Doing what we don’t wanna do

From both my own experience and that of people I coach, one of the biggest challenges for solopreneurs is keeping ourselves motivated and focused on doing the important things, even if they’re not the things we want to do.

When I hear myself saying “I know I should do such-and-such, but …”, I stop and ask myself what is keeping me from doing that thing. As a one-person business, I don’t have a boss to hold me accountable and the consequences of non-action aren’t as immediately painful as doing something that’s way outside my comfort zone. Here are a few of the things that help me move from “I know I should” to “I did it!”

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Simplify, simplify, simplify

One of the biggest challenges of a good info pro or researcher is to know when to say when. If we have five hours to spend on a project, we want to spend the entire time gathering information, evaluating it, seeing what’s missing, gathering some more, looking for more missing parts… you get the picture. Then, when our time’s up, we pull all the information together, slap on a cover letter explaining all the approaches we took and why we’re including what we have, and then proudly send it along to our client.

This, of course, does a huge disservice to most clients. If they wanted information overload, they could Google it themselves. Clients ask an info pro or researcher to help answer a question because they have confidence we can not just find the best information given the time frame (and budget, if applicable) but distill it down to something that enables the client to take an action, finish a project, complete a presentation, or otherwise move on to the next step in their work.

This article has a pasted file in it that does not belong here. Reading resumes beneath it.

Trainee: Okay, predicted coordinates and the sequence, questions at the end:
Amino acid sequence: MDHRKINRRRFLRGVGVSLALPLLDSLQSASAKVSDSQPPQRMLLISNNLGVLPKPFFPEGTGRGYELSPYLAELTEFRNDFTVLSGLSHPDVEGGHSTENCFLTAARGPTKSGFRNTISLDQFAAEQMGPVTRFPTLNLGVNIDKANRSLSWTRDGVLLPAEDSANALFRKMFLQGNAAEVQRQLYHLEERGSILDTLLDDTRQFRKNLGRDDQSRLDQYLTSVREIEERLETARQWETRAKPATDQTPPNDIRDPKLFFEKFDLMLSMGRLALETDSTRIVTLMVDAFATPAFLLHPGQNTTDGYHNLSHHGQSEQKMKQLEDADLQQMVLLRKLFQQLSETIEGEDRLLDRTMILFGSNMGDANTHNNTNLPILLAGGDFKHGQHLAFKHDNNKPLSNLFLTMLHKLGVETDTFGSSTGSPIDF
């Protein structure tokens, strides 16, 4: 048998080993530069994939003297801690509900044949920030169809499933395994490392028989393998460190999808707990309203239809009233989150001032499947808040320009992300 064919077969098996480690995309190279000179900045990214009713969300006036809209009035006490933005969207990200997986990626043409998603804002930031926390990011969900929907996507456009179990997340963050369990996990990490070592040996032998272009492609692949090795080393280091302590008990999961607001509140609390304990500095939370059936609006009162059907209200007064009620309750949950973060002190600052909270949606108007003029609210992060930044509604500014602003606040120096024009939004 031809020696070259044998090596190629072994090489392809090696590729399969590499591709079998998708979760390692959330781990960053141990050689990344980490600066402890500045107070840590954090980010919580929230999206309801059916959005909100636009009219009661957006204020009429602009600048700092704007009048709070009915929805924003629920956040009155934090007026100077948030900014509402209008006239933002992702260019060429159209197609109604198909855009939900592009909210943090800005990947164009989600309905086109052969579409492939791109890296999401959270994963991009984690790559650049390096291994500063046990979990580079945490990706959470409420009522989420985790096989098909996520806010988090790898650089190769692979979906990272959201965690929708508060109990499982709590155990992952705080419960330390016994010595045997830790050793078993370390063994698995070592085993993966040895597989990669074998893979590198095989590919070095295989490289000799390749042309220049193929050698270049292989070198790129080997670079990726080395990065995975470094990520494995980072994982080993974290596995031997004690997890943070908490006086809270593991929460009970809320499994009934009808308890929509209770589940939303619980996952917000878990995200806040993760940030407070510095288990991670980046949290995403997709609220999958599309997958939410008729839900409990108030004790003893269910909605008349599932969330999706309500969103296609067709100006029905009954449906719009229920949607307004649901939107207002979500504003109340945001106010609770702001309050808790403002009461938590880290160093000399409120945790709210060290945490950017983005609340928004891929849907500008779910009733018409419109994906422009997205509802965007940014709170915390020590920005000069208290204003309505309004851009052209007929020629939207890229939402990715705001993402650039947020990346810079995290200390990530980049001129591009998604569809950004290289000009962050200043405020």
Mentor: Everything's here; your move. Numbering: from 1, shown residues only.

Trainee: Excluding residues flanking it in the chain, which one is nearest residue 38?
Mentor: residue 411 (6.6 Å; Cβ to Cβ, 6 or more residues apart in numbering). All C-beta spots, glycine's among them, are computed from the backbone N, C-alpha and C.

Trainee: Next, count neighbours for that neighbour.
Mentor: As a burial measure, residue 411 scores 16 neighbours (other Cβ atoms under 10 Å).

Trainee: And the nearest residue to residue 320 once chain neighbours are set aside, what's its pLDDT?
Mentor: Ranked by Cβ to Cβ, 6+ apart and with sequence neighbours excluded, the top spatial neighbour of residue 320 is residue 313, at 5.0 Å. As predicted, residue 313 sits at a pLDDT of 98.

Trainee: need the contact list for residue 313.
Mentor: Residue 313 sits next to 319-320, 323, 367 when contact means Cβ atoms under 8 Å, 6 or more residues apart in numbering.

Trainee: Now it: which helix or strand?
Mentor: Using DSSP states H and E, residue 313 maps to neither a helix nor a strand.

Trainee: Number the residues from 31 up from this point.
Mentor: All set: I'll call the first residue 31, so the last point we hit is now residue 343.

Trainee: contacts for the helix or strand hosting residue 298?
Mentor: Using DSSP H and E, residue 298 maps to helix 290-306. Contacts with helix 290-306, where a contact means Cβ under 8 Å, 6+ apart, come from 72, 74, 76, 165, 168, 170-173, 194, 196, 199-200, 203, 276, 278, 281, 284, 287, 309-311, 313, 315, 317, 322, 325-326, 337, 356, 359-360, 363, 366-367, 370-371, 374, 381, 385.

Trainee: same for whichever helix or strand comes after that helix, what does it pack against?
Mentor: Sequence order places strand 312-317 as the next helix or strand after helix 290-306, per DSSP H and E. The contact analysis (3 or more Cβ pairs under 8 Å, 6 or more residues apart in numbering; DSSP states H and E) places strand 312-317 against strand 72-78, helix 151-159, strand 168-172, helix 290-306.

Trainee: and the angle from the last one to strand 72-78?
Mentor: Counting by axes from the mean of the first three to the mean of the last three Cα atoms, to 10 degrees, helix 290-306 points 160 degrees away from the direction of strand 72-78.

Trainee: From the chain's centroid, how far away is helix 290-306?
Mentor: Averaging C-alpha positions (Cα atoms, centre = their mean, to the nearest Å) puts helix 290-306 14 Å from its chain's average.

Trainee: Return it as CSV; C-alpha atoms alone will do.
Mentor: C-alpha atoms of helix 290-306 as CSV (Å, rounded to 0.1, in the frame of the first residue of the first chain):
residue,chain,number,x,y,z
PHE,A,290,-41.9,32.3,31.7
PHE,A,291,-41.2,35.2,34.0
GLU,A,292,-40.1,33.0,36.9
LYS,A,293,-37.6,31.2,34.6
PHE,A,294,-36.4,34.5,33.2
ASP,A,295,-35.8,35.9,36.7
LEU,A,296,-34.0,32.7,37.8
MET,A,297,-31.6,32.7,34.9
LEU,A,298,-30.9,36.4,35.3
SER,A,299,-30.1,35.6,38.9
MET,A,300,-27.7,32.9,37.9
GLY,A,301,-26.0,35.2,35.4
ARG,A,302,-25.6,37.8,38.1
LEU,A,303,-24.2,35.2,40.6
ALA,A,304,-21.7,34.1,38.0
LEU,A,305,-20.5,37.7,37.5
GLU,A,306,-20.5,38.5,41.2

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What does a “value-added deliverable” look like?

Infopreneurs know that their value lies not just in what information they find but what they do with the information before they send their deliverable to their client. We often talk about the need to create value-added deliverables, but what exactly does that mean? Isn’t everything you do added value, just because it took your skills and expertise to find the information?

Actually, value-adding is more than “merely” finding the information. It means transforming it into something more. One metric I use to evaluate a deliverable:

  • If most of what my client reads is my own writing, I’ve provided added value.
  • If most of what my client reads is others’ writing, I’m providing little value.

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Seven Traits of Thought Leaders

It’s always more effective for a solopreneur to attract clients rather than chase after them. Cold calls and cold emails are usually unwanted, most likely not immediately relevant to the recipient, and often filtered as spam. Building a reputation as a respected expert in your field, on the other hand, can be an efficient way to attract clients who need, value and will pay you for your services. Following are seven traits that successful thought leaders develop.

Be curious. Read news sources that cover trends in your industry and reflect on what impacts new developments will have. Attend conferences; the conversations and serendipitous meetings enhance your credibility and expand your horizons.
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Are you really hearing your client?

Quick—think about the last time you interacted with a client. It probably felt pretty straightforward. Your client tells you what they need, you talk about any details, and the conversation is done. I recently had an experience that reminded me that every client interaction comes with layers upon layers of assumptions that we often miss.

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Where will AI show up next?